   Very low self-esteem including failure to respond to praise
          Inhibited, cowers

Sexual Abuse

Sexual abuse of children is now known to be more common than previously
recognised. Both boys and girls can be victims. The perpetrators are most
frequently male figures known to the children. The nature of the abuse covers a
broad spectrum from fondling and caressing to full anal and vaginal intercourse. It is
most likely the abuse has been taking place for weeks, months and sometimes years
and may involve a number of children.
Sometimes there are physical signs or symptoms which may indicate sexual abuse,
these are:
        Injury to the genitals or anal area. e.g. bruising, tearing
        Infection or abnormal discharge in the genital, anal, oral area
        Pregnancy (real or imagined)

Sometimes there are psychological or behavioural signs or symptoms which may
indicate sexual abuse, these are:-
         Sexualised behaviour
         Sexualised drawings or play
         Sudden decline in school performance
         Regression i.e. soiling, wetting
         Low self-esteem, unkempt appearance
         Psychosomatic disorders
         Suicidal acts or threats
         Sexual victimisation of others
         Promiscuity and precocious behaviour
         Eating disorders
         Sleep disturbance and nightmares
         Depression
         Absconding or running away

Emotional Abuse

Emotional abuse can exist on its own and emotionally abused children are not
necessarily physically abused as well.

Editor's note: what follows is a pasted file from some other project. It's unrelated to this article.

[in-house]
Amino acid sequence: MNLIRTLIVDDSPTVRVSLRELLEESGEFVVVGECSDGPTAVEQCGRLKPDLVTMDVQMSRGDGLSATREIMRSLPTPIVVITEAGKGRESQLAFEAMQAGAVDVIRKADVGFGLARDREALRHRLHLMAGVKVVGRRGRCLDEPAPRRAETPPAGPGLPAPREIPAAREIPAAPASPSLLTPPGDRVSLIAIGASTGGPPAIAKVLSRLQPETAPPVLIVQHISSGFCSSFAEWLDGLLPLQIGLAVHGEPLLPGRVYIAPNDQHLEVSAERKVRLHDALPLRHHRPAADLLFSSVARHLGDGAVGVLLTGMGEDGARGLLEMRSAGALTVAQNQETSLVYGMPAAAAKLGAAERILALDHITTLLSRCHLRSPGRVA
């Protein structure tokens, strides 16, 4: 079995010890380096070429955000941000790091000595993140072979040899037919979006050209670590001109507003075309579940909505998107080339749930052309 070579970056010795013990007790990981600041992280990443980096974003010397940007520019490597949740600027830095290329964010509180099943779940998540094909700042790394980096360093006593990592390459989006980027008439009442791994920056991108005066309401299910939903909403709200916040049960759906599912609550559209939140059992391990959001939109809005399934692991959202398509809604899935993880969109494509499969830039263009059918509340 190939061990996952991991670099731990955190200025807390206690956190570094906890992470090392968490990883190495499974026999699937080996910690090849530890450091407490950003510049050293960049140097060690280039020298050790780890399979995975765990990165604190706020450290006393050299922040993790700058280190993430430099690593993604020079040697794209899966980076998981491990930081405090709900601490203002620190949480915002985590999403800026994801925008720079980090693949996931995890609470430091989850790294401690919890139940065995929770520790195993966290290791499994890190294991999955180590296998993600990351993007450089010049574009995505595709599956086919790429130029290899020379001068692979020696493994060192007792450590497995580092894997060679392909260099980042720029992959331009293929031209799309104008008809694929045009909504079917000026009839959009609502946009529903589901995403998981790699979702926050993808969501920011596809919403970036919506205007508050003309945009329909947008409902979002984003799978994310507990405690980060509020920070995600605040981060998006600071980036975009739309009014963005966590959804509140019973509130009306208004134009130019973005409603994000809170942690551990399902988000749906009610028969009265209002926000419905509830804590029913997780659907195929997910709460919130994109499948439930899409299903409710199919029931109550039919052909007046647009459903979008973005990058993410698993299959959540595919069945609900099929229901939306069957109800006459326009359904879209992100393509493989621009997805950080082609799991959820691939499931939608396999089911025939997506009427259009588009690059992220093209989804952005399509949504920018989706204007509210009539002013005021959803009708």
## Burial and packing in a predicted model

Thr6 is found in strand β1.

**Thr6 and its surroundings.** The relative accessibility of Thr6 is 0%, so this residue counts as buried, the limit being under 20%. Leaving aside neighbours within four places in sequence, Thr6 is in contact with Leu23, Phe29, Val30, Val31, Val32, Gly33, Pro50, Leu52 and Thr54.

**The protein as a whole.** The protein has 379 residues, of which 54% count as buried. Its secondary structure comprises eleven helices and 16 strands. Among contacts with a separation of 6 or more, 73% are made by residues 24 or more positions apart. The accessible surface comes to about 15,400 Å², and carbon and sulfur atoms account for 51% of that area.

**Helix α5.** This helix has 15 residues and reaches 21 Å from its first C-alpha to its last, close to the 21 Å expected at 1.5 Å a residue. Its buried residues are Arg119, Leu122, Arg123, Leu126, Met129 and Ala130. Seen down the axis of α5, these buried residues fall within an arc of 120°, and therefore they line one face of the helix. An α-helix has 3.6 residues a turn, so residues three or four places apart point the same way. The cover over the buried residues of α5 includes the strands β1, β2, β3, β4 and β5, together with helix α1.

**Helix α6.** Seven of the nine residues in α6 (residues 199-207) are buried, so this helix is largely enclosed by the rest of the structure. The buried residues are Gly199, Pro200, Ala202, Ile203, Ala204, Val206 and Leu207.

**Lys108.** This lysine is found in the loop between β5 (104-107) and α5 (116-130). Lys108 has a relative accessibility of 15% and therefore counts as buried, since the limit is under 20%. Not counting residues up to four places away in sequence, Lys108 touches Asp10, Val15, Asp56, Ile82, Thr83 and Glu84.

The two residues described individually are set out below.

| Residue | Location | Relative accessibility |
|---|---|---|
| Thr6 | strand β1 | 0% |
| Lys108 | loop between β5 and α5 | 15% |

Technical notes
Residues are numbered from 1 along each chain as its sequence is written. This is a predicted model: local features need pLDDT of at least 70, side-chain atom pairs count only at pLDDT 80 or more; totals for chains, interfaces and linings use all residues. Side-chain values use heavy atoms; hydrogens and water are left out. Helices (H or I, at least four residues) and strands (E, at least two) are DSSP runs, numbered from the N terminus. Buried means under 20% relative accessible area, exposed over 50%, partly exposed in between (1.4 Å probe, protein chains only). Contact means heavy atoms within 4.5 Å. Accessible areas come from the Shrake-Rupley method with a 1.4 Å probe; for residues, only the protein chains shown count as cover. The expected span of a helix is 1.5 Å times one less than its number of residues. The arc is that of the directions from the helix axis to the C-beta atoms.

Emotionally abused children find their needs met with indifference, hostility, ridicule,
sarcasm, shaming, belittling, frightening, tantalising. This may lead to cruel
treatment, like locking children in their bedrooms or cupboards, or making unrealistic
demands of them. Sometimes basic needs like food, warmth or clothing are withheld
as punishment. These conditions may lead to physical, emotional and intellectual
development delay or stunting.

Possible Signs of Emotional Abuse

          Developmental delay (physical, mental, emotional)
          Admission of punishment which seems excessive
          Over reaction to mistakes
          Sudden speech disorders
          Rocking, hair twisting/pulling etc.
          Self mutilation
          Extremes of passivity or aggression
          Drug/solvent abuse
          Repeated running away
          Scavenging for food or clothes
          Extreme attention-seeking
          Bedwetting
Appendix A:           Child Protection – At a Glance

   C                           AWARENESS OF PROBLEM


   N                           BE CALM AND CONFIDENT
                              DO NOT PROMISE SECRECY

   I                    LISTEN AND REMEMBER WHAT IS SAID
                              KEEP QUESTIONS OPEN



                        HEADTEACHER TO BE FULLY BRIEFED

                           ACTION IS NECESSARY

   T                       CASE CONFERENCE
                             AS NECESSARY

N.B.   If questioned by solicitor/police keep strictly to the facts as recorded.